By Rogers Sunday
Over 600 households that were displaced by floods in Ntoroko district after River Semuliki burst its banks are calling for more relief support from Government and other non-governmental organisations.
The floods, which cut off sub counties of Butungama, Bweramule and Kanara, destroyed property ranging from houses to domestic animals.
“I have received reports that a number of goats and cows have been killed by floods,” Edward Birungi, a parish chief in Butungama, said. He quickly added that no human death has been reported so far.
Stephen Kaswarra, a father of 7 children who was rescued by a boat two days after his house was washed away by floods, said: “accommodating my family is now a big problem.” He is now living in a tent.
“I got this tent from a well-wisher; it is where my entire family is sleeping,” he said.
“We do not have even a single plate or cup but only one saucepan. They were all taken by the water as we ran for our dear lives,” Kaswarra said.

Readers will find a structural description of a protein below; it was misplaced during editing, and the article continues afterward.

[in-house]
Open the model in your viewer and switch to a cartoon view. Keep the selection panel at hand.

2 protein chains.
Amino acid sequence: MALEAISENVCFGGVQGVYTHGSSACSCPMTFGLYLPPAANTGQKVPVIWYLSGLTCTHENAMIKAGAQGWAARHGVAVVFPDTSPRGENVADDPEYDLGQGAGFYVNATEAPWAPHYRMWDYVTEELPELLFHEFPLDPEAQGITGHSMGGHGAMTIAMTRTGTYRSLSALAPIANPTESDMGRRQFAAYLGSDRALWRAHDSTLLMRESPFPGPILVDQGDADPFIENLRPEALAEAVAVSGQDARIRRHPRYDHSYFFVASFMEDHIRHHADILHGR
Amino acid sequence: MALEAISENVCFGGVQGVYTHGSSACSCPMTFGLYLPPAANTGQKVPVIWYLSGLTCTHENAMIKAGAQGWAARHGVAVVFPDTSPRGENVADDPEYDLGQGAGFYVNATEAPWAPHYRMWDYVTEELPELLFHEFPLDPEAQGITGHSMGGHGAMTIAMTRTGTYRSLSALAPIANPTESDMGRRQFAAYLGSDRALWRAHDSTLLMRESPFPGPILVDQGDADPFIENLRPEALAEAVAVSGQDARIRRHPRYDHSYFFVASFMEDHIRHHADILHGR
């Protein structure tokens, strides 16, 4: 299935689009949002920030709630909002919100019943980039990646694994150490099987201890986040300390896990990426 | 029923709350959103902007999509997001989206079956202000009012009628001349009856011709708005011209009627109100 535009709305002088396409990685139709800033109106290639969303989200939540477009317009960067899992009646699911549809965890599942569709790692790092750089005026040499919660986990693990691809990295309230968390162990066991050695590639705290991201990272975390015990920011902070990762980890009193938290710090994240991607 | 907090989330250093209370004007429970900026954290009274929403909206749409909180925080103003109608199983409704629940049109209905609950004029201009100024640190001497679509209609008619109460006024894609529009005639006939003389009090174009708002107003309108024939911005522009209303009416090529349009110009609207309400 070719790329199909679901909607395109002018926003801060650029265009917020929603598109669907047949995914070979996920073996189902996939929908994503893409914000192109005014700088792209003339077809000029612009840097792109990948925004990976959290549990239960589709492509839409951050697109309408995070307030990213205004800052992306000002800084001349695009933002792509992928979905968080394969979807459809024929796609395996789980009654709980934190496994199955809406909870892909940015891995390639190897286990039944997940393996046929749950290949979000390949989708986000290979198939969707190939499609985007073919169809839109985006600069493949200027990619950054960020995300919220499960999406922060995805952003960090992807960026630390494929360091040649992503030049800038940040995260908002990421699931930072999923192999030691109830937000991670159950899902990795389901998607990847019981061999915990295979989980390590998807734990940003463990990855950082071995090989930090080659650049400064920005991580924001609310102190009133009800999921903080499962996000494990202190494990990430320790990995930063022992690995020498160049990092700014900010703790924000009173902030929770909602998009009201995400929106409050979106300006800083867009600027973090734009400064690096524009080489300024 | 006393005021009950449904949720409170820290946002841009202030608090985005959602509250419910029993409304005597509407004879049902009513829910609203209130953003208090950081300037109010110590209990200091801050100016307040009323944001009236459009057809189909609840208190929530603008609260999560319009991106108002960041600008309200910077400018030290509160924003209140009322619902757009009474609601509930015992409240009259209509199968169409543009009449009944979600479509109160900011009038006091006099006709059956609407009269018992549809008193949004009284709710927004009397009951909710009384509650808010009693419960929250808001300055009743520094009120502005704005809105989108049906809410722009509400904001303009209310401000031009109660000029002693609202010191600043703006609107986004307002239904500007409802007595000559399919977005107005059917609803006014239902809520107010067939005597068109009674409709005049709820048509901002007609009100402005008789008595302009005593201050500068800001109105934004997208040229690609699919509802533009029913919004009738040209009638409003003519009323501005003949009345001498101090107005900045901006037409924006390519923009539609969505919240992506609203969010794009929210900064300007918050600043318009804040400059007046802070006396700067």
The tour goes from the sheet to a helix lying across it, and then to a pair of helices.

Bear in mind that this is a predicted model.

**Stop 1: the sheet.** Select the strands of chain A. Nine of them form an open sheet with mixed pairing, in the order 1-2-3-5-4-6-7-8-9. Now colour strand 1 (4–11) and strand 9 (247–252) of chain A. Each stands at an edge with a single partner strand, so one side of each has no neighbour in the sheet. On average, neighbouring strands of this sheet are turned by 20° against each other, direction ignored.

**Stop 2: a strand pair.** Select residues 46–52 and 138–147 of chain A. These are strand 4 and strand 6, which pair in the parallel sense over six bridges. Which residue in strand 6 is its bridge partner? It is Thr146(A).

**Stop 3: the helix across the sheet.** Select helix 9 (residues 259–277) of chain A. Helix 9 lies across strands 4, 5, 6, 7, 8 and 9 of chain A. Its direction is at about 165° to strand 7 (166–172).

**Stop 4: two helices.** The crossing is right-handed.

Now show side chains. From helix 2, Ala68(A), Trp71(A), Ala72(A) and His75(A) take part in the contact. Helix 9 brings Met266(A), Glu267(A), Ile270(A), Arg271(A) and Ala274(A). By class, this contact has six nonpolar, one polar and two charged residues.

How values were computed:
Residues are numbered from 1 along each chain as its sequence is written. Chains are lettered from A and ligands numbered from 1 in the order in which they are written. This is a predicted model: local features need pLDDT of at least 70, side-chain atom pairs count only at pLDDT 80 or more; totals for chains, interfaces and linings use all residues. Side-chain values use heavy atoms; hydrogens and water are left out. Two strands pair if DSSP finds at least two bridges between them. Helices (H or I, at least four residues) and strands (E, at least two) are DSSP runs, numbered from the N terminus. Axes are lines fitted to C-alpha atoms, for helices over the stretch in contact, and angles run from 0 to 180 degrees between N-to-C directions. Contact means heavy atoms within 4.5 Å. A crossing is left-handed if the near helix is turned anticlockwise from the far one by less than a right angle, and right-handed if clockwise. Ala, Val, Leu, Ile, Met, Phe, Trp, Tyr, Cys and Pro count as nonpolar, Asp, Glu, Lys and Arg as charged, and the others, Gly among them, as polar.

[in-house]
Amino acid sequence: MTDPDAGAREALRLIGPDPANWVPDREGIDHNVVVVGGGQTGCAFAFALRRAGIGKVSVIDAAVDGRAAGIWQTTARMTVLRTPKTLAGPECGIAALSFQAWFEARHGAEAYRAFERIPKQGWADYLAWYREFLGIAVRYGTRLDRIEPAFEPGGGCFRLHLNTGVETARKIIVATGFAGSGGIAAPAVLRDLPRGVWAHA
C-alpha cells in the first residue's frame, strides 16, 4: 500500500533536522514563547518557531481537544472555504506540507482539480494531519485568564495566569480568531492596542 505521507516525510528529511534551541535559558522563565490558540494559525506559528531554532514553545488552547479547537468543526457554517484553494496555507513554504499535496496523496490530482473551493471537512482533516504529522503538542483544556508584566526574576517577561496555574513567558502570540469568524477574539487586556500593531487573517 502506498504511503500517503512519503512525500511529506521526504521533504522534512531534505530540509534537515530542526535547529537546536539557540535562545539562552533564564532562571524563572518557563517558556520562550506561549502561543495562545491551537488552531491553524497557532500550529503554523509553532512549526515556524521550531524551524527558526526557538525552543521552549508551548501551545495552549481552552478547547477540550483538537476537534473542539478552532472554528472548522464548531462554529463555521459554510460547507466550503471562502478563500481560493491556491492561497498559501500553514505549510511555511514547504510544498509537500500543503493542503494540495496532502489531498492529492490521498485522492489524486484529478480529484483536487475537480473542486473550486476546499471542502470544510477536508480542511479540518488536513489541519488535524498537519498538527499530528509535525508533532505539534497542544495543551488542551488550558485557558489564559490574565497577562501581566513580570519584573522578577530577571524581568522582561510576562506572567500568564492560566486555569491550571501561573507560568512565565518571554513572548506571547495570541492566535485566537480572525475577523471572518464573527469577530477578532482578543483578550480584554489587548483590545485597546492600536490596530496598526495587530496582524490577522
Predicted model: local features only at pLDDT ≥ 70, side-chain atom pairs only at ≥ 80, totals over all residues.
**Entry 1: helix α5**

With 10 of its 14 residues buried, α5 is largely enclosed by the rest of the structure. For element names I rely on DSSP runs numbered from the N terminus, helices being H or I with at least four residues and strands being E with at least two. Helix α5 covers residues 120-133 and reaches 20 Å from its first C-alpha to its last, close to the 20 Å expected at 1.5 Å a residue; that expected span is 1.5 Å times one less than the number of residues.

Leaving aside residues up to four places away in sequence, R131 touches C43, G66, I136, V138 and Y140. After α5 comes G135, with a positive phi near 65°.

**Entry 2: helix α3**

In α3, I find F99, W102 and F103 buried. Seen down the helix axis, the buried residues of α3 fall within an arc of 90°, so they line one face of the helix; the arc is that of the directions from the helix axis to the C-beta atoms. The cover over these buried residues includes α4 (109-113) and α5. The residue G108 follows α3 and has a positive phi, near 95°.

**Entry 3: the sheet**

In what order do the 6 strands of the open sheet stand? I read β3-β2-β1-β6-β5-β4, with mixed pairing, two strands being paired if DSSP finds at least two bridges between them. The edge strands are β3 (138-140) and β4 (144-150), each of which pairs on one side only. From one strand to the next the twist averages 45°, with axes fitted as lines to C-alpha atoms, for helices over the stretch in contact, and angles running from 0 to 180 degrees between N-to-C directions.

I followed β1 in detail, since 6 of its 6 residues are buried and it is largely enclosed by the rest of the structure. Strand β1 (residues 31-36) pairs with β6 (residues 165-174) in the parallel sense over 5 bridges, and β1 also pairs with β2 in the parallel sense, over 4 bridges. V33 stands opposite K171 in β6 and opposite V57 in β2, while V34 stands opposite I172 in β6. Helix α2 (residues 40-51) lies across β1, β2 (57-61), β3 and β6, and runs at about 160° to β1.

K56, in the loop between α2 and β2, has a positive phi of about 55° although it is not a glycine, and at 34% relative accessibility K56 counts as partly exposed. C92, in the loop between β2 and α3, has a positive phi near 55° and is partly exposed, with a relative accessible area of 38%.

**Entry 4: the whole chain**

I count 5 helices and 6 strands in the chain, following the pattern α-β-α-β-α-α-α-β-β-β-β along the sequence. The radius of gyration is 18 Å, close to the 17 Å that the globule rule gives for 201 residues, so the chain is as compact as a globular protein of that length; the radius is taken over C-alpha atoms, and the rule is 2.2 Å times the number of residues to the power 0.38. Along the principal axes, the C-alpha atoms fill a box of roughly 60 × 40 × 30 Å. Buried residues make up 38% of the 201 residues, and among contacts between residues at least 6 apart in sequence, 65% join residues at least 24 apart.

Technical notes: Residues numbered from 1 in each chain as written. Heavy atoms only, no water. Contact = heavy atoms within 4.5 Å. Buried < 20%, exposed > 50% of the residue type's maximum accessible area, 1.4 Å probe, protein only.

“I was a cow boy before the floods hit but now I even lost my job after my boss took away the cows,” he added.
Amos Katusabe, a resident of Budiba village, says “there are fears that some wild animals like hippos and snakes could come along with the waters and attack people like it the case was last year.”
50-year old Stephen Ngasirwaki, a father of 10, says his family was left with no option but to sleep outside after abandoning their house and land in Nyamwobe village.
“I had ploughed land to plant crops and bought some food for my family but it was destroyed by the water and the ploughed land was all washed away,” Ngasirwaki told this reporter on Tuesday.
“The flood water is being used by both people and animals. All the latrines were washed way and people ease themselves in the waters,” Ibrahim Baluku, the district information officer, said on phone.
Baluku added that the district has written to the Central Government and charity organizations and are now waiting for support.
World Vision, a non-governmental charity organisation, donated 1248 mosquito nets to 624 households as one of the ways to prevent disease spread.
“The relief we have brought is not enough because the people are still suffering. We would not like to hear about any death or disease outbreak,” Evelyn Atuhairwe, the World Vision branch manager, said while handing over the mosquito nets.
She also cautioned the beneficiaries to use the mosquito nets for the intended purpose other than selling them off or using them to catch fish.